Importance of biostatistics in disease surveillance of aquatic animals in India

Journal of Biometrics & Biostatistics

ISSN: 2155-6180

Open Access

Importance of biostatistics in disease surveillance of aquatic animals in India

5th International Conference on Biometrics & Biostatistics

October 20-21, 2016 Houston, USA

Gadadhar Dash

West Bengal University of Animal and Fishery Sciences, India

Posters & Accepted Abstracts: J Biom Biostat

Abstract :

Consistent, defensible and scientifically sound assessments of disease threats and freedom are needed to fulfill the requirement of the agreement on the Application of Sanitary and Phytosanitary (SPS) agreement of the World Trade Organization (WTO). As part of the consequence, epidemiological and economic modelings are needed to assess disease spread and impact on local industries and wild populations. More broadly, an assessment of routes of introduction through trade is the necessary basis, on which country├ó┬?┬?s biosecurity measures can be reviewed. Measurement of disease frequency in time and space and in different population is a part of epidemiological research. More recently molecular analyses have been incorporated into outbreak investigations in order to aid source tracking. Monitoring and surveillance for aquatic animal diseases are undertaken by governments to demonstrate disease freedom or progress in disease control. The OIE listed diseases (EUS, WSV, KHV, SVC, VHS, IHN, AHPND, TSV, and Gyrodactylosis) and diseases of Indian national concern (Edwardseillosis, Vibriosis, Saprolegniasis, MAS, Myxoboliasis, Argulosis, Lernaeasis, MBV and Soft Shell Syndrome etc.) are actively considered under this surveillance programme. Understanding the routes of disease spread is of key importance to containment and control. Consequently, epidemiological studies have made a significant contribution to the health of both wild and farmed aquatic animals, through improved biosecurity and surveillance of exotic diseases and control of endemic diseases. To meet the international obligation, the Department of Animal Husbandry Dairying and Fisheries (DAHDF), Ministry of Agriculture, Government of India has approved a National Project on aquatic animal disease surveillance for five years and funding of INR 320 million (about US$ six million) has been allocated through the National Fisheries Development Board (NFDB). A national consultation on aquatic animal disease surveillance held in April 2012, attended by NACA, made a strong recommendation for the need of a National Programme on disease surveillance. Accordingly the National Surveillance Programme for Aquatic Animal Diseases (NSPAAD) in India took its skeletal shape in 2013 as a mission mode project with NBFGR as the nodal coordinating agency. At the initial stage 21 leading National Institutions in close collaboration with respective state fisheries departments covering 14 key Indian states with passive and active surveillance in more than 100 districts were under the surveillance screen. There after these leading institutions numbers hiked up to 26 by 2016. The data collected approximately from 1000 different farms were put into different type of tests for its validity and confirmation through stastical means. The base line data information, biological sample collection (Finfish, Crustaceans and Molluscs) and disease outbreaks (Finfish Crustaceans and Molluscs) were put in web link to develop a strong disease surveillance programme.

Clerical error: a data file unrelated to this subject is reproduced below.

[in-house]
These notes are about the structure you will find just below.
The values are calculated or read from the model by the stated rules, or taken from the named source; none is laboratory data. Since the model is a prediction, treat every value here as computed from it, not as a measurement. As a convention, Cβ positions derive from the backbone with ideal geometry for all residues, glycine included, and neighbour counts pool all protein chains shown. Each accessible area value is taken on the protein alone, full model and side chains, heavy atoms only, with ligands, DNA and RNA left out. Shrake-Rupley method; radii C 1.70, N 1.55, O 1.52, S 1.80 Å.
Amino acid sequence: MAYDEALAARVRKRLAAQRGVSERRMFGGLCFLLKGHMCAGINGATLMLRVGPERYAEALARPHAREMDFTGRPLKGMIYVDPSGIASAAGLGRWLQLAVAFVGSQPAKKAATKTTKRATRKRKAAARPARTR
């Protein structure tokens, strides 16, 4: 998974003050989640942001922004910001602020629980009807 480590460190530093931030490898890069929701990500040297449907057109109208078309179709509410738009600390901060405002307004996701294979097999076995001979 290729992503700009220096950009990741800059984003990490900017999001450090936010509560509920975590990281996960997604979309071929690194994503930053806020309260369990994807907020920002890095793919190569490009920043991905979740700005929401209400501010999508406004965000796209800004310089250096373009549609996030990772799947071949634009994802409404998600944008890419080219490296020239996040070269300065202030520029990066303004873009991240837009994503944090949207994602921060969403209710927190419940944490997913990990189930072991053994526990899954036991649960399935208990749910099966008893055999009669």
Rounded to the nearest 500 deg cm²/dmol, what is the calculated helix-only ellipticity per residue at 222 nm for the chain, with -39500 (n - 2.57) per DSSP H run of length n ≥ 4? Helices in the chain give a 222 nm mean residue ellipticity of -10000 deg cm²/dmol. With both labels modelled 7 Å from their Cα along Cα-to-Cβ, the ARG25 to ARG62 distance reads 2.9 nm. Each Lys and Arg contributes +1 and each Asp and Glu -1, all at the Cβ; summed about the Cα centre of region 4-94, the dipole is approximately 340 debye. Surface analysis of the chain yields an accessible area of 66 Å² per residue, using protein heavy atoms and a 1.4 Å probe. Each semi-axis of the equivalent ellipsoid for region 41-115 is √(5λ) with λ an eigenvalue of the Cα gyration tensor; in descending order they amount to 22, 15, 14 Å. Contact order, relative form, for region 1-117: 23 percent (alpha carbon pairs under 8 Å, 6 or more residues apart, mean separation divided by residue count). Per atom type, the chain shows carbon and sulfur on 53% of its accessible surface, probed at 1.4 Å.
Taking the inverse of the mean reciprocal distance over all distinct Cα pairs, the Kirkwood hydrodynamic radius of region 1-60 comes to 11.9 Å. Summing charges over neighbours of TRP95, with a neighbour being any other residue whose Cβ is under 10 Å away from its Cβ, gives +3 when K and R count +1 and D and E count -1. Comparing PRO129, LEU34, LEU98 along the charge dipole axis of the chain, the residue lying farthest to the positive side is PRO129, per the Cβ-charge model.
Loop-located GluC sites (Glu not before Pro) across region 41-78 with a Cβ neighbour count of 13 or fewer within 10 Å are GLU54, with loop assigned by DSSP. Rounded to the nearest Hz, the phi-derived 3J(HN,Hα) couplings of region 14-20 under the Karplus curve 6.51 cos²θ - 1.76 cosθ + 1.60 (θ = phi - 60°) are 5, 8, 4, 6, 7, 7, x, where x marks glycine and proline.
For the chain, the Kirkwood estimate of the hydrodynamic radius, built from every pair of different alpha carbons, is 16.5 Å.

Biography :


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